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April 18, 2002
Farewell, Furrowed Brow
By WILLIAM SAFIRE
ASHINGTON ‹ I look closely in the mirror and here's what I see: eyes with
crinkles at the corners, a nose slightly bulbous, hairline long ago receded,
familiar bags under the eyes and relaxed wattles under the chin. A furrowed
brow gives the impression of a brain thinking deep thoughts.
I know this visage. It's been my lifelong friend. It's not broke and I'm not
about to fix it, other than getting the haircut I really need.
This uncharacteristic self-examination in the presence of my readers is
occasioned by this week's news that the U.S. Food and Drug Administration
has approved the use of diluted botulism toxin, originally developed to
paralyze muscles in spasm, for cosmetic purposes.
The Wall Street Journal describes as "a Tupperware party with needles" the
growing practice by hard-selling plastic surgeons of lining up patients in
swinging champagne-and-brie party settings. The doctors then inject Botox
into the facial skin of their slightly sloshed customers at $500 a pop. (The
Journal, in tune with The Times, has Botoxed its front page with color and
graphic pizazz to reverse its own aging process.)
Nor is medical science's War on Wrinkles limited to women lusting after lost
youth. Male trial lawyers whose snarling looks offend jurors have eagerly
taken up the Ponce de Leon pinpricking, which smoothes out their aggressive
appearance and helps the most savage browbeaters appeal to the better angels
of a jury's nature.
The reaction of many commentators is to wax sociological. They hoot at the
shallowness of a society that worships youthfulness. They deplore the
culture that drives the heavily love-handled to liposuct their hips and
those with pout-deprived mouths to collagen their lips. Anti-libertarian
editorialists tut-tut at the wasteful expenditure of billions for cosmetics
and fragrances ‹ as if the ancients since Cleopatra had not perfumed their
barks and asped their bosoms.
I reject such highbrow claptrap. Are we to listen to television diatribes
against the skillful modification of appearance from talking heads who have
just spent a half-hour getting brownish-red creams and powders rubbed on
their faces? (If Nixon had had a decent makeup man, Watergate would have
been over eight years earlier.)
In this space we set aside that crow's-feet fetish and deal with practical
politics: In an age of image manipulation, what will be the political impact
of the erasure of expression from the American face?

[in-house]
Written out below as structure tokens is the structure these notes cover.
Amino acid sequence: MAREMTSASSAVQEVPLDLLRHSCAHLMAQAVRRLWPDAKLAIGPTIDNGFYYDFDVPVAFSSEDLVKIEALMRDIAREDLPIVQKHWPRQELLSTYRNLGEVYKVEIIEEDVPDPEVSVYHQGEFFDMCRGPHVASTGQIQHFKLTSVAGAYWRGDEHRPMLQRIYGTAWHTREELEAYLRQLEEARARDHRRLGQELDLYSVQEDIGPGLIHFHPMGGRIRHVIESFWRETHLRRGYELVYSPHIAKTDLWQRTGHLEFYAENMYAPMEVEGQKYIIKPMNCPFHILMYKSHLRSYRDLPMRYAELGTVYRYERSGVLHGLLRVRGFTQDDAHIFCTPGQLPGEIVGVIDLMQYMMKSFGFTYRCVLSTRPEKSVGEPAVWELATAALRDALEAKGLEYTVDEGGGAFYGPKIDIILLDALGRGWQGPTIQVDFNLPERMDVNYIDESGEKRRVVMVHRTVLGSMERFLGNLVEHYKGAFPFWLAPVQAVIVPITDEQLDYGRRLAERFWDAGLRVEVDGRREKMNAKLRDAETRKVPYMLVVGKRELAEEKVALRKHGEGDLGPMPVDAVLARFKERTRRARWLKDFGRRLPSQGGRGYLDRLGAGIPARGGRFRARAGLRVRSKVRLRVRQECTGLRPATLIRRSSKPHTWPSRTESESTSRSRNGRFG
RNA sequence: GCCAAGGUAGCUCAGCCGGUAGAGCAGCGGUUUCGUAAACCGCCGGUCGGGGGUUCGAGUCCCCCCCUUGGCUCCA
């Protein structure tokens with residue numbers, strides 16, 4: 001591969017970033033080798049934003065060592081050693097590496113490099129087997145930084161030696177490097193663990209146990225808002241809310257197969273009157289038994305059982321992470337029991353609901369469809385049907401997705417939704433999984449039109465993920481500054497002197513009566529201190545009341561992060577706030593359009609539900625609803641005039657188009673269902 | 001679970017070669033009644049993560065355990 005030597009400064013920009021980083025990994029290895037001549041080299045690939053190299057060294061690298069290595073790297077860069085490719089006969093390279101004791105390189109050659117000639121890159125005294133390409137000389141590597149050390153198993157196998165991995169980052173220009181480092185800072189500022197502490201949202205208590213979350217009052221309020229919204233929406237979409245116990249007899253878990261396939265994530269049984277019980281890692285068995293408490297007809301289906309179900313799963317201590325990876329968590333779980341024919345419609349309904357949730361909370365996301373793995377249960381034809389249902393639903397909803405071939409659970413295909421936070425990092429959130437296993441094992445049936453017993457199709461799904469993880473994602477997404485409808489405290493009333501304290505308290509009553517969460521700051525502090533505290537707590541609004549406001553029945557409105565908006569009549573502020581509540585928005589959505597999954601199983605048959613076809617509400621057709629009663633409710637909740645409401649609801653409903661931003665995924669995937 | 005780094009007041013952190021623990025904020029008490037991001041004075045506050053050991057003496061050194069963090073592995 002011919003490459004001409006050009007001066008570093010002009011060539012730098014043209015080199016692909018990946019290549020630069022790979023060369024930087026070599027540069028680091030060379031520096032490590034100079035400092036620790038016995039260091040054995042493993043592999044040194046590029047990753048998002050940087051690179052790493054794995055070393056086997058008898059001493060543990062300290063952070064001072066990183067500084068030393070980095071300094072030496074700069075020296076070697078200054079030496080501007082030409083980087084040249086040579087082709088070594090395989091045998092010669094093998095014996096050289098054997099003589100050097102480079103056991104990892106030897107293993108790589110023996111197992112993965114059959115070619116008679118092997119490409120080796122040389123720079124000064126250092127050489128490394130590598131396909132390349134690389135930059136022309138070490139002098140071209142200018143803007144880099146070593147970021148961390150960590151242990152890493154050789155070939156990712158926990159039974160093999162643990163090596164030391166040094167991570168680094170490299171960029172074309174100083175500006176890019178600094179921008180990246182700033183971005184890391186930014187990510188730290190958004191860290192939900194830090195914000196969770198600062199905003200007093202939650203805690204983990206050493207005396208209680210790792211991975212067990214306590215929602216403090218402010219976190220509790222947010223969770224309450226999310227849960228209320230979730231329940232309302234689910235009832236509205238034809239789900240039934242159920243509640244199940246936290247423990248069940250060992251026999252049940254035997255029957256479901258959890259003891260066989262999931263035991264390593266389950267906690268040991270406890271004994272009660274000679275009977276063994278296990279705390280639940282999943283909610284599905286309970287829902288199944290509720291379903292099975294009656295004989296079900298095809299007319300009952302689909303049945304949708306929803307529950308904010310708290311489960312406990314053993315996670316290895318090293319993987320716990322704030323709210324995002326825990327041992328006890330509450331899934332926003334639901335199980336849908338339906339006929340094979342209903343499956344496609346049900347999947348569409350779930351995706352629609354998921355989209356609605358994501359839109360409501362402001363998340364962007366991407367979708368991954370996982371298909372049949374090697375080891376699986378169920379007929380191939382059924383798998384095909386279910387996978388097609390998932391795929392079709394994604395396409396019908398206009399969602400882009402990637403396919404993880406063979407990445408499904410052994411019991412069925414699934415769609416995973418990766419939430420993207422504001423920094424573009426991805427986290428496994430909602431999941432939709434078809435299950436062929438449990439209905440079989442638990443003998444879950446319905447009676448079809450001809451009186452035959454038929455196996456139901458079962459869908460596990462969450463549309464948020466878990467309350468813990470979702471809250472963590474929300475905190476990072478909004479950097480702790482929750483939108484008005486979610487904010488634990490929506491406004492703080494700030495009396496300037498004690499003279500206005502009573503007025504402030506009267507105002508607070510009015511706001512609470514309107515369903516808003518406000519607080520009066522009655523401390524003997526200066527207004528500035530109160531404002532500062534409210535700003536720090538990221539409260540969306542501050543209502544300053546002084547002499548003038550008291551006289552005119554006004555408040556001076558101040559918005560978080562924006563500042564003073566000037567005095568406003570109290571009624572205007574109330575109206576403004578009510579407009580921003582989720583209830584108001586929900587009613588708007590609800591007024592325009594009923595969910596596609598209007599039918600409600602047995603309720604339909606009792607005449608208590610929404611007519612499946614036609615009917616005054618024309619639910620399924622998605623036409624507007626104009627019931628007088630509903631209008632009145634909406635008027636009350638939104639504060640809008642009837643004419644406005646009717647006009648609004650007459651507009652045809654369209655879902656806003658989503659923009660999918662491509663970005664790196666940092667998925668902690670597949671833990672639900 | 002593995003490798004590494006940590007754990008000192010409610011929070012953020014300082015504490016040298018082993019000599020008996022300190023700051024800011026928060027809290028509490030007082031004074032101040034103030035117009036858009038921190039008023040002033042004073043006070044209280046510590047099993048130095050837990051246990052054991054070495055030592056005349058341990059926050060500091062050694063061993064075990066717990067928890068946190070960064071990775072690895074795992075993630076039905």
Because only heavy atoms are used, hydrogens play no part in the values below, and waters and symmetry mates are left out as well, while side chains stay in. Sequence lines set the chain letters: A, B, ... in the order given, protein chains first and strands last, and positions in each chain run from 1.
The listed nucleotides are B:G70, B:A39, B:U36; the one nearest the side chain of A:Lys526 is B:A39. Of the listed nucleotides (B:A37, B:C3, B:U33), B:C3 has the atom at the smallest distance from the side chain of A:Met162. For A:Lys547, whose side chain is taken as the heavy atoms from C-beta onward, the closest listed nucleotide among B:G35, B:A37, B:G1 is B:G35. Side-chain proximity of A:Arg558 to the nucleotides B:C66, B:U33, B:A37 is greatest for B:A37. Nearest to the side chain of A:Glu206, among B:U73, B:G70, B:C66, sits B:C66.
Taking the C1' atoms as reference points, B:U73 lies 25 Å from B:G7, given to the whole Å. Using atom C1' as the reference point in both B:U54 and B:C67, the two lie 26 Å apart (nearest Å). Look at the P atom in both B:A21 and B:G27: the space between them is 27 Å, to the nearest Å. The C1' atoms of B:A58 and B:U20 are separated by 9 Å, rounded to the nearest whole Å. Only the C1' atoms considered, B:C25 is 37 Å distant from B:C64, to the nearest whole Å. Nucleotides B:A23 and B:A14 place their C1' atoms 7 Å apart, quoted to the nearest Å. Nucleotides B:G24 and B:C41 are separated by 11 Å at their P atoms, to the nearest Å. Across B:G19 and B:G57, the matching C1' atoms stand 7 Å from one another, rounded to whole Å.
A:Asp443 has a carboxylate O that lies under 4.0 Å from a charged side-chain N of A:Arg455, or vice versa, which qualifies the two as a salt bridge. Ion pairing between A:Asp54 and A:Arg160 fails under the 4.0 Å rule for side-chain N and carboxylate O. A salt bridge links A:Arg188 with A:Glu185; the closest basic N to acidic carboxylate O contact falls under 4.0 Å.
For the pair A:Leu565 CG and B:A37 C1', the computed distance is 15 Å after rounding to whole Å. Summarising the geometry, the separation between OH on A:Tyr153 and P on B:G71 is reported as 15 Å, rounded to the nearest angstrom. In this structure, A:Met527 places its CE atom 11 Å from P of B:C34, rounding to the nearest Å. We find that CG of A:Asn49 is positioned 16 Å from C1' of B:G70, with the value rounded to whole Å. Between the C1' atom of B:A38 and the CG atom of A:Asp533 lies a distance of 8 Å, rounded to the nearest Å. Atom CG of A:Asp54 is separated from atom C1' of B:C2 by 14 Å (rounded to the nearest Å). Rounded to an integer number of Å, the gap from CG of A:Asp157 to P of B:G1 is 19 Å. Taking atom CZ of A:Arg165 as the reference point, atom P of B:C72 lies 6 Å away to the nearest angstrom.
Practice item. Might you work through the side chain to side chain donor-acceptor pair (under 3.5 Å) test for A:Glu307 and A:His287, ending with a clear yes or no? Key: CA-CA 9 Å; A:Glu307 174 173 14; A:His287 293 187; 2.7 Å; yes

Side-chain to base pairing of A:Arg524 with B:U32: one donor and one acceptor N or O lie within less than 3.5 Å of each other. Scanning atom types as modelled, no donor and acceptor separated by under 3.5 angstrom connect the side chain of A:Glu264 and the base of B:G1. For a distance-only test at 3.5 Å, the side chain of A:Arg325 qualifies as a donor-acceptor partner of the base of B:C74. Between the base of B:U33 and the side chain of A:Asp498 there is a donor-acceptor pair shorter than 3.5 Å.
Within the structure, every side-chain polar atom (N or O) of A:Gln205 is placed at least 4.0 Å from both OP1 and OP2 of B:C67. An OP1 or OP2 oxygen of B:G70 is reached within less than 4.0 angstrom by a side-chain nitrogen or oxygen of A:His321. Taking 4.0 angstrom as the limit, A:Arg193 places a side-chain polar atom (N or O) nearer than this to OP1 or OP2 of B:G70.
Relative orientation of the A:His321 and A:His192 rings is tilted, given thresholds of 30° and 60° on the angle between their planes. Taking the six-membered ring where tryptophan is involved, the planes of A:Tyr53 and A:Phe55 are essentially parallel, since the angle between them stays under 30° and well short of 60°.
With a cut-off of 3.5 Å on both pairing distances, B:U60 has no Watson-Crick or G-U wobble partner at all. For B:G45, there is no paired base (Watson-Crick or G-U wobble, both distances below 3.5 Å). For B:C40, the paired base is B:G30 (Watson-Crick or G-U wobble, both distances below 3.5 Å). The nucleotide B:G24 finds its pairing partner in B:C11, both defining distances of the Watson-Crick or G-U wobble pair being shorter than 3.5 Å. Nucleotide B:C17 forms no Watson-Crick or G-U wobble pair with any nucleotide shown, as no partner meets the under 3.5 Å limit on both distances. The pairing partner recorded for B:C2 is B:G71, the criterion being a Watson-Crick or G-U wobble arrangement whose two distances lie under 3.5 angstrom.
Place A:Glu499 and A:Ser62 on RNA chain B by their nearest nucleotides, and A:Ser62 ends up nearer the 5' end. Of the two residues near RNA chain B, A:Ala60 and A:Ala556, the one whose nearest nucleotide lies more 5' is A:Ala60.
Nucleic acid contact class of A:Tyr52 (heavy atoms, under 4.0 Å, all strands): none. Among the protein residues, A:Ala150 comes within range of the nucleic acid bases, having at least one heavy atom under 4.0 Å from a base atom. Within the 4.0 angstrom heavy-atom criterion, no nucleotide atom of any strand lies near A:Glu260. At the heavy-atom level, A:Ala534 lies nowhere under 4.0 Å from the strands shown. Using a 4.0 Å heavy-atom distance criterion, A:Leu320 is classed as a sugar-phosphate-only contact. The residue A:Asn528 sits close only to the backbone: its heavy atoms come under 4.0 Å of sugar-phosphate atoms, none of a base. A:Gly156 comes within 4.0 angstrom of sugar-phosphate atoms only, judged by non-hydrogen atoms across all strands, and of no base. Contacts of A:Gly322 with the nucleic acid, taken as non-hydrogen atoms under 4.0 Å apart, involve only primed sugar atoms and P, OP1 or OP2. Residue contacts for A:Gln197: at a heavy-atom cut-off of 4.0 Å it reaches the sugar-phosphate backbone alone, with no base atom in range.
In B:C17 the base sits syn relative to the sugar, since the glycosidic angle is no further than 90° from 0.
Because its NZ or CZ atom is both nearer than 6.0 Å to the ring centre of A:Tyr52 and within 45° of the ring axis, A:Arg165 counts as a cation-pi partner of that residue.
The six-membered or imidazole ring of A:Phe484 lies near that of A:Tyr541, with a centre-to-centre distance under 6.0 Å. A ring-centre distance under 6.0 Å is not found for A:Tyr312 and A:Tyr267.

Specifically, how will a politician be able to measure a voter's reaction to
the stump speech ‹ when the entire audience is taking in the exhortation
with unfurrowable brows and frozen smiles? The speaker will reach out for a
reaction ‹ and be confronted only with waves of coiffed heads, hard bodies
and the paralyzed cheek muscles of smoothed-out physiognomies.
Now switch around to the audience's view of the Botoxification of the
speaker. How can the viewer, at a rally or watching television, know if the
politician is truly concerned about the public's grave anxieties if the
demagogue bites off his words in a tight-jawed rictus, physically unable to
appear infuriated, worried or empathetic? An orator of irenic countenance
cannot summon a people to greatness.
And what about the burning issue of access to this expensive, temporary
facelift? In the coming Congressional campaign, we already anticipate
pressure to turn Viagra and even herbal aphrodisiacs into entitlements. The
step beyond that politics of populist potency will be to sweep away the
unfairness that would enable the rich to stay young, slim, supple and
mysteriously expressionless while the elderly poor are forced to look old
and fat and honestly ornery. (Yes, they'll be the ones able to smile ‹ but
The peril of poisonfacedness can be summarized in a chestnut at once sexist,
ethnicist and age-ist. Rose, a woman recently widowed, begins to spend her
inheritance on a complete makeover ‹ new face, new hairdo, new figure, new
clothes. Killed by a speeding bicycle courier as she steps out of a beauty
parlor, Rose stands before God's great judgment seat and says: "For 50 years
I scrimped and saved, and the minute I'm on my own it's all over. You call
The booming voice from on high replies in amazement: "Rose ‹ is that you?"
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